By Jonathan Stempel
NEW YORK (Reuters) - A U.S. judge overseeing trade issues on Tuesday overturned a decision by then-President Donald Trump to allow a reimposition of tariffs on some imported solar panels.
The decision by Judge Gary Katzmann of the U.S. Court of International Trade is a defeat for some domestic manufacturers.
It came one year after he ruled that Trump's October 2020 proclamation to revoke a tariff exemption for double-sided, or bifacial, solar panels had not violated an earlier court order.
Trump's proclamation was a "clear misconstruction" of a law that permits measures to liberalize rather than restrict trade, and "constituted an action outside the President's delegated authority," Katzmann wrote on Tuesday.
Shares of First Solar Inc, a large U.S. solar panel manufacturer, fell after the decision and were down 7.1% in late afternoon trading.
The Biden administration had defended Trump, saying he acted lawfully to close a "loophole" that he believed was undermining tariff protections against an "explosive" increase in imports.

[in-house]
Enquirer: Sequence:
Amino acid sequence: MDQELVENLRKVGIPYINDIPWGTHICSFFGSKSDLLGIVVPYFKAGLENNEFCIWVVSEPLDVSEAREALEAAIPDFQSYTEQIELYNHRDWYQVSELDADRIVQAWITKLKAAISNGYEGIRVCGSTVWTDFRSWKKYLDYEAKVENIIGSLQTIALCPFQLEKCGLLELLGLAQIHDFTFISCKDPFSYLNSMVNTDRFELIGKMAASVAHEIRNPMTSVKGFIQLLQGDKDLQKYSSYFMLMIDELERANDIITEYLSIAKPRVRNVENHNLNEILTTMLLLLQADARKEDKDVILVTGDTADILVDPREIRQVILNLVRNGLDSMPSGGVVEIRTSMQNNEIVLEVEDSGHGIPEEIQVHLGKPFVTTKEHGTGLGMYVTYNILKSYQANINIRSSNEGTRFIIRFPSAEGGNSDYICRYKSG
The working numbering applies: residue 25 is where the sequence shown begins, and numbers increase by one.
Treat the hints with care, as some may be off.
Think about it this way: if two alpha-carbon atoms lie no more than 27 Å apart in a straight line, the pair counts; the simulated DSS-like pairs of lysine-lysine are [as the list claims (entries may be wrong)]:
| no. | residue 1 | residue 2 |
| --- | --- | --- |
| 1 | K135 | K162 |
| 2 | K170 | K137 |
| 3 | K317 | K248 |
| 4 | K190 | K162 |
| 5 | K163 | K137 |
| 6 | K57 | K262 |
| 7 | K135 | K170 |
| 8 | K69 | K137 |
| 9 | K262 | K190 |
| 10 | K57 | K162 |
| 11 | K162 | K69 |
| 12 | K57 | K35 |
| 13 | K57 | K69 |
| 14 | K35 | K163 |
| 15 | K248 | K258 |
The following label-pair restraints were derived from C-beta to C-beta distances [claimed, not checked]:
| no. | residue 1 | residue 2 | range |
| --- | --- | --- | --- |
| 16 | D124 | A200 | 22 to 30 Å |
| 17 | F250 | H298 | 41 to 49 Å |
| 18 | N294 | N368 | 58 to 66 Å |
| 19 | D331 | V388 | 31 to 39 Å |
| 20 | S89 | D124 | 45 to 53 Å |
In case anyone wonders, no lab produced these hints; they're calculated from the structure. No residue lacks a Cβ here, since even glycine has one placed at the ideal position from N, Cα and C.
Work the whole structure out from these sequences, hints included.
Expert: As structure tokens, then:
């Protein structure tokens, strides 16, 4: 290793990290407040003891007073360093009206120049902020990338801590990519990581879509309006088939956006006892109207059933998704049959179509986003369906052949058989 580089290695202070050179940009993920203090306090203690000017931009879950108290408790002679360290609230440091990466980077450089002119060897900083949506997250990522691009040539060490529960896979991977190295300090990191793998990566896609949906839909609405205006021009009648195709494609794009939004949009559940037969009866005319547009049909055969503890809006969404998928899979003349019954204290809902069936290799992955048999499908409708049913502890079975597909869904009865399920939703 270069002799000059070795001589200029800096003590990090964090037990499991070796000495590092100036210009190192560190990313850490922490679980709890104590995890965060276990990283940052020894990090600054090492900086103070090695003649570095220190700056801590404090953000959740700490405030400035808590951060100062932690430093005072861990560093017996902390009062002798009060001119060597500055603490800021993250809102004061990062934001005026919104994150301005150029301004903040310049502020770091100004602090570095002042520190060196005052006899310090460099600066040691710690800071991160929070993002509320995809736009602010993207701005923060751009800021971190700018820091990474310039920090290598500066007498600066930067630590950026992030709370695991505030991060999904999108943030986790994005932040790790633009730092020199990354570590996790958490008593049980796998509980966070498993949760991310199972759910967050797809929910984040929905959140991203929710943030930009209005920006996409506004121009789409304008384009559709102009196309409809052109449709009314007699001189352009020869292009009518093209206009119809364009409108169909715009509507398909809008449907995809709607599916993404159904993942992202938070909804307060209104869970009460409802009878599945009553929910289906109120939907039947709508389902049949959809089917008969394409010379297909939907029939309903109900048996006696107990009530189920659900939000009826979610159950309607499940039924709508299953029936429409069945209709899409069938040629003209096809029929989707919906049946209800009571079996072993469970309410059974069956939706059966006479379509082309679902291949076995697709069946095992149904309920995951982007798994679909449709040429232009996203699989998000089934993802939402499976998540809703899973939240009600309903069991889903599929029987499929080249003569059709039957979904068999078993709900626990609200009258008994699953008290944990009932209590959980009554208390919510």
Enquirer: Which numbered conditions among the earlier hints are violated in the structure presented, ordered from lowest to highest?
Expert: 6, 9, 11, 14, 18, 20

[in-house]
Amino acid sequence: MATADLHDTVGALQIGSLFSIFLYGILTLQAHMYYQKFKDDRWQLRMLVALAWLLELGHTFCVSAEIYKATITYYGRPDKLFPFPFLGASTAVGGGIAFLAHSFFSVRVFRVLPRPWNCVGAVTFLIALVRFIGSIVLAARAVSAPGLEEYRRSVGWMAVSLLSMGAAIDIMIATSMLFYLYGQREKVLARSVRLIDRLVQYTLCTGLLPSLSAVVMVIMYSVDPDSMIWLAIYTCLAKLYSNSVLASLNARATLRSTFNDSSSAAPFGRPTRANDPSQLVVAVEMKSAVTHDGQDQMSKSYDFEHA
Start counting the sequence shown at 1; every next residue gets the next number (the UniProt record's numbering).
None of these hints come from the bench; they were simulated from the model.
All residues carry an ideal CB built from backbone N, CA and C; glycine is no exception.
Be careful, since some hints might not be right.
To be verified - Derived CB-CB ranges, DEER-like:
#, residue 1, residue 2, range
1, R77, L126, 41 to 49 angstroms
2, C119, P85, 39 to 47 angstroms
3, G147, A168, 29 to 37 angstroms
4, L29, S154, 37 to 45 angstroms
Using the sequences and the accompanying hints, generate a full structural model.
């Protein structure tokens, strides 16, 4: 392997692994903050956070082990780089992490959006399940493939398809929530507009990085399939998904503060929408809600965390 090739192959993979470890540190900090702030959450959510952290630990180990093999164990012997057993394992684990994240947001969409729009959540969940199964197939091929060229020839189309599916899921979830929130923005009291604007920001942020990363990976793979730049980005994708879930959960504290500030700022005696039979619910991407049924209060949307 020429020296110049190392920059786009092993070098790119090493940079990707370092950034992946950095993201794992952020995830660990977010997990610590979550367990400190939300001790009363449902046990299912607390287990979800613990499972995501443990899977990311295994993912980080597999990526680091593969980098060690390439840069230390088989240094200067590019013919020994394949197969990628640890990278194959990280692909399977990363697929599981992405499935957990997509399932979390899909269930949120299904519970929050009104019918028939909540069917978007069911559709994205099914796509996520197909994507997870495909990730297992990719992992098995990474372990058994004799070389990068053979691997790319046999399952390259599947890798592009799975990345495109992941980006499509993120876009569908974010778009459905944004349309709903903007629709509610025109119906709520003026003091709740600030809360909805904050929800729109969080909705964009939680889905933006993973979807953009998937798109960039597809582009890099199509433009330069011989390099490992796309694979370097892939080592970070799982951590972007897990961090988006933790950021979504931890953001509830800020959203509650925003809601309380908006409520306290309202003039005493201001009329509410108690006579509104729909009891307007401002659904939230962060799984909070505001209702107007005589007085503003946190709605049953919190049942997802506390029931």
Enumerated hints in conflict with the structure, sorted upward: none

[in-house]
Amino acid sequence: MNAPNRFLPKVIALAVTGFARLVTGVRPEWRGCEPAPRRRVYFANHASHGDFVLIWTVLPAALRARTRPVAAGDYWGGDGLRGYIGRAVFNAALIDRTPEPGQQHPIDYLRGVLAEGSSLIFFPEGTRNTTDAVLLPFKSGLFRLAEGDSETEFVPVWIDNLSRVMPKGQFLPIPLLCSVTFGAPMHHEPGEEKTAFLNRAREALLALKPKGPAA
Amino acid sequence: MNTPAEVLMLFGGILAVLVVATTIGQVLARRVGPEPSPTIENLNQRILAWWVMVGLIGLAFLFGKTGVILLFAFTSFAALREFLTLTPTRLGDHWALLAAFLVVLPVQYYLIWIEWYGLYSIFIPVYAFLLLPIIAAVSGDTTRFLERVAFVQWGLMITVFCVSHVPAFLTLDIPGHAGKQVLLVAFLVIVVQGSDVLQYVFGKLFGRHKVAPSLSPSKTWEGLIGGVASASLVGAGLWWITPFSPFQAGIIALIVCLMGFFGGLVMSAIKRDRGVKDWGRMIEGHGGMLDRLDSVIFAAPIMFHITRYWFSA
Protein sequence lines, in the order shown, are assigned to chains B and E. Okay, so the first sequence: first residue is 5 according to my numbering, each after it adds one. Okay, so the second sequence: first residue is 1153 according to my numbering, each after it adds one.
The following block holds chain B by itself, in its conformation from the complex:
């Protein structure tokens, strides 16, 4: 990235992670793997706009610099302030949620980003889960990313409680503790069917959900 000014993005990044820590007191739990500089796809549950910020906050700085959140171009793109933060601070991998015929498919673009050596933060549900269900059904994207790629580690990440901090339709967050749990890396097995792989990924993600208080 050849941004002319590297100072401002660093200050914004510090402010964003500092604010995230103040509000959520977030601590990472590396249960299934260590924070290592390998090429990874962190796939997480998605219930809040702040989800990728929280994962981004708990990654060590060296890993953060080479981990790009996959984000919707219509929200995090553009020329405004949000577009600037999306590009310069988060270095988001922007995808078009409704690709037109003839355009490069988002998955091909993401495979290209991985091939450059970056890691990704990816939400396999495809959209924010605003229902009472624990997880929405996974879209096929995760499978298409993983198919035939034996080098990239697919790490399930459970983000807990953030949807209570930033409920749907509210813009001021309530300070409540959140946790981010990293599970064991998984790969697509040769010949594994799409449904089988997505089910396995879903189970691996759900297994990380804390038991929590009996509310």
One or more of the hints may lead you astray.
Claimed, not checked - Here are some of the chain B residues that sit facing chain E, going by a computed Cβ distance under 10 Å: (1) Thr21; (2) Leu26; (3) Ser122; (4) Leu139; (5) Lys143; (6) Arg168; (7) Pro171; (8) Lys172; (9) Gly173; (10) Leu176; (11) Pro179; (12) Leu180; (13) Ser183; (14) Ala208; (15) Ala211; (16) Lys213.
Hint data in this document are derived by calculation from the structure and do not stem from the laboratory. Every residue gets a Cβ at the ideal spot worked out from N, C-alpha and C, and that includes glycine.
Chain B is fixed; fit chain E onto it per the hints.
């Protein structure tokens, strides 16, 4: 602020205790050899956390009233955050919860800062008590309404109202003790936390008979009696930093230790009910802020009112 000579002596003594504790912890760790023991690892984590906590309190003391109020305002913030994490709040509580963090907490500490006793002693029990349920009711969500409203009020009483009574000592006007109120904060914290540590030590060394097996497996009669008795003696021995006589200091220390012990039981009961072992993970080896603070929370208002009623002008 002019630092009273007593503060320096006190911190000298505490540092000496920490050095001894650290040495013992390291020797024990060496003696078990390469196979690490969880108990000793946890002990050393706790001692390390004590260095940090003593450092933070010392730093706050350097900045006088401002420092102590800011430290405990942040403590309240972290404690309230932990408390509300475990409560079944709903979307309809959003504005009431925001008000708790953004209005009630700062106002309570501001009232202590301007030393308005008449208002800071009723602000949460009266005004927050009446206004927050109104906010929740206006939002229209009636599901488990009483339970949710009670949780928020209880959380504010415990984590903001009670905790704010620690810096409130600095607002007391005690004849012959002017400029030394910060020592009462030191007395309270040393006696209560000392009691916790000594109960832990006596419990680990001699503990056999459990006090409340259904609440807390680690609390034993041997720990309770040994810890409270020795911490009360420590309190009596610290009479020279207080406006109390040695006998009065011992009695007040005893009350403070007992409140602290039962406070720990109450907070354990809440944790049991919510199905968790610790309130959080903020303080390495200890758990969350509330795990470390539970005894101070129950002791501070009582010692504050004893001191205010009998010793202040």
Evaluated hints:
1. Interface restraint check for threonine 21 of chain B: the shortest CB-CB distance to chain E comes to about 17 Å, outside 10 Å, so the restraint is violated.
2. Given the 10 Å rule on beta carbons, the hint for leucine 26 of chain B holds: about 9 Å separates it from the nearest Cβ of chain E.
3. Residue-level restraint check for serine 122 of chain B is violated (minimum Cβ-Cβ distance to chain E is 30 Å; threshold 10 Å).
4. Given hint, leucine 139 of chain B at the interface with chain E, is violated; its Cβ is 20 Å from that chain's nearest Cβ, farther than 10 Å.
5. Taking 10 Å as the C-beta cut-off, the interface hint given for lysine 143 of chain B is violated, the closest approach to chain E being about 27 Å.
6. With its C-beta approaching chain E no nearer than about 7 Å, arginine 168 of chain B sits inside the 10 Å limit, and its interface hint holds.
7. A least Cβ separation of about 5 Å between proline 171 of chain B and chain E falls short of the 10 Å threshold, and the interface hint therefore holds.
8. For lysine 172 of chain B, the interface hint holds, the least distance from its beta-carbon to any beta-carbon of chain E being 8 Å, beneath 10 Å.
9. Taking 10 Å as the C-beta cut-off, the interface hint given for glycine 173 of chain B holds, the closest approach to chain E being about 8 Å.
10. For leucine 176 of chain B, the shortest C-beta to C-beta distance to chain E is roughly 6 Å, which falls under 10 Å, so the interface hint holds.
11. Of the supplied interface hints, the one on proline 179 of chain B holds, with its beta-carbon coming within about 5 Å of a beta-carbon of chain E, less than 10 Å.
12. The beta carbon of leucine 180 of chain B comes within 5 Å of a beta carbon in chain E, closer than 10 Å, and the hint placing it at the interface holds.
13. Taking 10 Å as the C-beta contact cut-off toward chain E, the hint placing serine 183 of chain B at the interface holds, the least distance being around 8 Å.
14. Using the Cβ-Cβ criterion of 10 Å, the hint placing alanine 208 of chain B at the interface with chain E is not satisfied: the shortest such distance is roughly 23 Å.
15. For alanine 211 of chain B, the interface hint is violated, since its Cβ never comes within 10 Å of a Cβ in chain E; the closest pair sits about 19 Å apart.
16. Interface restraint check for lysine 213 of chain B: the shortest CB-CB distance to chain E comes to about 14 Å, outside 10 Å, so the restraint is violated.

The U.S. Department of Justice did not immediately respond to a request for comment.
Bifacial technology is a small but growing part of the solar panel market, costing more but capable of producing greater power than traditional panels.
Trump had said extending the exemption would likely reduce the effectiveness of tariffs meant to help shield the domestic solar industry against growing imports.
But a trade group, the Solar Energy Industries Association, contended that higher tariffs could wipe out a few billion dollars of domestic investment a year.
The group and some solar farms sued last December over the proclamation, saying Trump acted without going through required procedures.
Abigail Ross Hopper, the group's president, in a statement called Trump's proclamation "an unlawful attempt to harshen" tariffs and Katzmann's findings "clearly the right conclusion."
The United States in 2018 imposed four years of duties on solar panel imports, starting at 30% and declining to 15% in the final year. Trump's proclamation boosted the latter rate to 18%.
The case is Solar Energy Industries Association et al v U.S. et al, U.S. Court of International Trade, No. 20-03941.
(Reporting by Jonathan Stempel in New York; Editing by Steve Orlofsky and Jonathan Oatis)